Transition metals consist of the elements in groups 3–12 of the periodic table (Sc through Zn). In their elemental states, they display metallic luster (shiny appearance) and are good conductors of heat and electricity. Transition metals generally act as Lewis acids, accepting electron pairs from ions or polyatomic compounds (molecules or ions) that often function as Lewis bases called ligands. These Lewis acid/base donor-acceptor interactions lead to the formation of covalent bonds between transition metals and ligands. These are called coordinate covalent bonds or dative bonds. The entire molecule (or ion) is called a coordination complex. The simplest transition metal complexes contain a central metal center, usually a cation, that has one or more covalent bonds to several ligands. The three-dimensional shape of a transition metal complex can often be predicted using valence shell electron repulsion theory concepts. The metal ion with attached ligands is a coordination complex, and its shape depends on how ligands bond. The same ligands can bond with the central metal ion in different geometries, forming isomers, with distinct properties. Hemoglobin and chlorophyll are examples of two coordination complexes found in biological systems.
The crystal field theory description of bonding is a simple electrostatic model that is used to predict numbers of unpaired electrons and in some cases the colors of transition metal complexes. Electrons occupy d orbitals according to Aufbau filling principles. Most complexes maximize the number of unpaired electrons due to electron-electron repulsion; pairing of electrons is generally avoided unless all other d orbitals contain one (or more) electrons, according to Hund’s rule (electrons first singly occupy empty orbitals before pairing in an orbital).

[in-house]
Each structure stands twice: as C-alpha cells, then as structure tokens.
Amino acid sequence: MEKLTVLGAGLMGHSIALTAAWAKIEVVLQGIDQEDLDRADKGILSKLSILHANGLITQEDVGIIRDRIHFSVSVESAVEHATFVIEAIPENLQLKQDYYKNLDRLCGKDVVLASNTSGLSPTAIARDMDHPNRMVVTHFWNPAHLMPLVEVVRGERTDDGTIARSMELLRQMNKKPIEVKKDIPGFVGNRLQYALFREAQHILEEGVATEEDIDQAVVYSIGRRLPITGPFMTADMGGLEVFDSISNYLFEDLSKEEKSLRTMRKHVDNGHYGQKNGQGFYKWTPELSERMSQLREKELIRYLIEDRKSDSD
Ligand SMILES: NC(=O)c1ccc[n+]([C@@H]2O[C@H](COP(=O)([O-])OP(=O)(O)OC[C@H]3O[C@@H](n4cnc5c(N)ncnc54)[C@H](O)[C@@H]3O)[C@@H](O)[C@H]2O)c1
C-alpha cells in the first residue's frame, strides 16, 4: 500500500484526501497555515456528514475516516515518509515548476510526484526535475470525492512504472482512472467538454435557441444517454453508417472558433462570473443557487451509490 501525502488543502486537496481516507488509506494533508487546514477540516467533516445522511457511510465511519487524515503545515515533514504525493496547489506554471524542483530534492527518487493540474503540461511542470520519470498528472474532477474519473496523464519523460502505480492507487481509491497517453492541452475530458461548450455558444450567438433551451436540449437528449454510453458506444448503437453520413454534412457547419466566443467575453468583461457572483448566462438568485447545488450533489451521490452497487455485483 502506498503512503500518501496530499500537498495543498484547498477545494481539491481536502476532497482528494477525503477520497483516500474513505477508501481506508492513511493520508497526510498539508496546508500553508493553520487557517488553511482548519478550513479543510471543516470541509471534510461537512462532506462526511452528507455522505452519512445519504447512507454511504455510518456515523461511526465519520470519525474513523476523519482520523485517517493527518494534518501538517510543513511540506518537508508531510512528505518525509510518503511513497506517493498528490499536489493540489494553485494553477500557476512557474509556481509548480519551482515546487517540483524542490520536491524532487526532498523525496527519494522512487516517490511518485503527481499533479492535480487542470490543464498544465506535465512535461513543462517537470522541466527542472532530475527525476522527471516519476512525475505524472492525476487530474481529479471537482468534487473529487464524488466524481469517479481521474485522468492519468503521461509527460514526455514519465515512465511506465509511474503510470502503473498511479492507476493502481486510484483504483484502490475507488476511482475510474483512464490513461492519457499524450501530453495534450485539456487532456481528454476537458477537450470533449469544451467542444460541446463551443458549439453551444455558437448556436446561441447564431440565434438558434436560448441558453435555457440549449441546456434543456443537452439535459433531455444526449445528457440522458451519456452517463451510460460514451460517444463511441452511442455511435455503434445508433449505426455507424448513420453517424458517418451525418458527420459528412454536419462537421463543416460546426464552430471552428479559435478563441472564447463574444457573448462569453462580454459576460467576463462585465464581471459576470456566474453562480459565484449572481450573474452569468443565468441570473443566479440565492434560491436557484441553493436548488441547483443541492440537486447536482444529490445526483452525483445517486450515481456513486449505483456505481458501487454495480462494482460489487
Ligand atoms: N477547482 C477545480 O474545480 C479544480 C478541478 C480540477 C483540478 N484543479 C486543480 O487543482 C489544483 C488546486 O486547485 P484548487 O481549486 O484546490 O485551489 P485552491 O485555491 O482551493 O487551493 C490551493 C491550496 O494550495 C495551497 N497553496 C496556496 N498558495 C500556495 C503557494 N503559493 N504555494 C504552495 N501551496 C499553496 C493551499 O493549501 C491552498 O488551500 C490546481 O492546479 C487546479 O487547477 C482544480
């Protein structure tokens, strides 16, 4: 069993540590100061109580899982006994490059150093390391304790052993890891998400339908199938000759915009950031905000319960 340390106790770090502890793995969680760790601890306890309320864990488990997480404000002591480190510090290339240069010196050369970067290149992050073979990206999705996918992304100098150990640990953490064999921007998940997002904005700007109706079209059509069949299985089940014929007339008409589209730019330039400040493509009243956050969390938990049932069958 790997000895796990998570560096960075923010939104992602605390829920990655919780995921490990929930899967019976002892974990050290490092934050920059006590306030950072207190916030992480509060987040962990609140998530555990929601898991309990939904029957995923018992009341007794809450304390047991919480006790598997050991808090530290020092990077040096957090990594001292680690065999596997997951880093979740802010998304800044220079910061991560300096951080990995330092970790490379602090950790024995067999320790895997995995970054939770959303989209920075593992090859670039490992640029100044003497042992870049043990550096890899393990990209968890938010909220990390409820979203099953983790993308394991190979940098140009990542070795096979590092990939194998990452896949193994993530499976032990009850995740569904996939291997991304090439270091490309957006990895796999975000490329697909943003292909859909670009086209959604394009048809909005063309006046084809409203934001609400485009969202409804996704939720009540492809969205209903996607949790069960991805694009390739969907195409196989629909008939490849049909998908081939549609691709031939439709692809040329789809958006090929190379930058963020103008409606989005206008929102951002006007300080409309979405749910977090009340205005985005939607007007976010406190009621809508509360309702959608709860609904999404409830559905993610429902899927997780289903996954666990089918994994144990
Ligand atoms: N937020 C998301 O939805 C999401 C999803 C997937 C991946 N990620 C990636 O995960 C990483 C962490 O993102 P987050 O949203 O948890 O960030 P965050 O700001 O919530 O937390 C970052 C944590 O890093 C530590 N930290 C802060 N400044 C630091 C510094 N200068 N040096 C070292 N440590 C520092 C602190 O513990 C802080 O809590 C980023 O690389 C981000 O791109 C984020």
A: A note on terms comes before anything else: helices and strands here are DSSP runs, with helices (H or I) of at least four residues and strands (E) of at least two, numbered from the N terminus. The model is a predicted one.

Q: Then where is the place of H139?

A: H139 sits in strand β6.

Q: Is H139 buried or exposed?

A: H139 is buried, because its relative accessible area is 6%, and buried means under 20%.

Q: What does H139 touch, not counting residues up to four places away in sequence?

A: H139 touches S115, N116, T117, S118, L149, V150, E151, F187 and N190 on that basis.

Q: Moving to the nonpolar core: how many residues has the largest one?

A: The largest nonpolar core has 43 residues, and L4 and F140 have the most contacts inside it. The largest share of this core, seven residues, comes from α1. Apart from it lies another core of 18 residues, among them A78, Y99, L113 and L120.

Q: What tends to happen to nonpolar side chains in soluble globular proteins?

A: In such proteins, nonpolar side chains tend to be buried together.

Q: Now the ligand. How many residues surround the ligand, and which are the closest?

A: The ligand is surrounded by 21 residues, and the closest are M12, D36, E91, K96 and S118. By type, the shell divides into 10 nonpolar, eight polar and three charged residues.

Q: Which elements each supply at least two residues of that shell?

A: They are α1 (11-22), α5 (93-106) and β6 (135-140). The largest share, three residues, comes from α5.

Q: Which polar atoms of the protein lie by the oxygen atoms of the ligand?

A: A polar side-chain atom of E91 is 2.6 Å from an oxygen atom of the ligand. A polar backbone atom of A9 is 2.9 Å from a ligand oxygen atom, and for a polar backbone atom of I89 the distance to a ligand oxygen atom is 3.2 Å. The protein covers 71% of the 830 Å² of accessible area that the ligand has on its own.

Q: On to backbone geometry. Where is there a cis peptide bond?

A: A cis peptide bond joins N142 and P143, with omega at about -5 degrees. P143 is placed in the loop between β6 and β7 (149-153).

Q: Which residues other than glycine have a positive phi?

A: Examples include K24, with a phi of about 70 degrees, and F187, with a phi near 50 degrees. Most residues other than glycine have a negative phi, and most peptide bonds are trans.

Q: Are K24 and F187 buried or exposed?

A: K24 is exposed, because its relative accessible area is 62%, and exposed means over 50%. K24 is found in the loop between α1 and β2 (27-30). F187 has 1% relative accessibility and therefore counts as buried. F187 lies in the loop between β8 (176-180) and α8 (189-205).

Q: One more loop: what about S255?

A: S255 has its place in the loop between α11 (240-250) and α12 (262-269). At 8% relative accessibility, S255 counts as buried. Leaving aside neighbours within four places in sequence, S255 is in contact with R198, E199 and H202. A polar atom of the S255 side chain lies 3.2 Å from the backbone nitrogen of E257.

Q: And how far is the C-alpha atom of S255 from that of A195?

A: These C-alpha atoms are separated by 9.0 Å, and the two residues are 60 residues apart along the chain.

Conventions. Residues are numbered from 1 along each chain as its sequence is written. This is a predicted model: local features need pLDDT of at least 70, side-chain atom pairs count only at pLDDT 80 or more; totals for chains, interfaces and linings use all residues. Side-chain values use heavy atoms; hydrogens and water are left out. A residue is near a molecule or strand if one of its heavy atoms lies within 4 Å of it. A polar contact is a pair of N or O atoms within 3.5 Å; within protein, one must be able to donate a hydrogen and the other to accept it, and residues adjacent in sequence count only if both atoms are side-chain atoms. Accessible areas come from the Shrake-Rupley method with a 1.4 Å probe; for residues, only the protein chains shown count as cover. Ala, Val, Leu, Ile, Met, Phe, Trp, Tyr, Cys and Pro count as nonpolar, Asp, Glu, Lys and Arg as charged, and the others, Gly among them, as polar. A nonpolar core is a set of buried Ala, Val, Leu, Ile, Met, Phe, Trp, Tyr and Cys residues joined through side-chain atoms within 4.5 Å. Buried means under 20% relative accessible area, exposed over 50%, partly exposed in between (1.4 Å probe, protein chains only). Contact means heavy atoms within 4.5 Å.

At A Glance
- Transition metals have electrons in d orbitals. They have incomplete d subshells and form cations. Inner transition elements have 4f or 5f electrons in their valence shell.
- Transition metals and inner transition metals form bonds by sharing electron pairs with ligands. These occur between a metal and one or more ions or molecules. The number of coordinated ligands in a complex is called its coordination number.
- Transition metal–ligand bonding leads to the formation of numerous coordination complexes, whose molecular shapes can often be predicted using VSEPR concepts.
- Isomers are molecules that have the same chemical formula but different arrangement of atoms.
- The naming of coordination complexes follows five rules: name the cation, name the ligands, use prefixes for multiple ligands, name the central metal, and give the central metal's oxidation state.
- Coordination compounds are used in a variety of ways, including as biological agents, as pigments and dyes, as industrial catalysts, and for medicinal purposes.
- Crystal field theory is a model used to predict bonding in octahedral and tetrahedral complexes considering a central cation surrounded by anionic (ligand) charge points in 3D space using simple VSEPR concepts.
- The magnetic properties of a coordination complex are affected by the arrangement of electrons, ligand field strength, electron-electron repulsion, and pairing energies.
- The arrangement of electrons in a coordination complex or transition metal ion and their interaction with light results in the bright colors associated with them.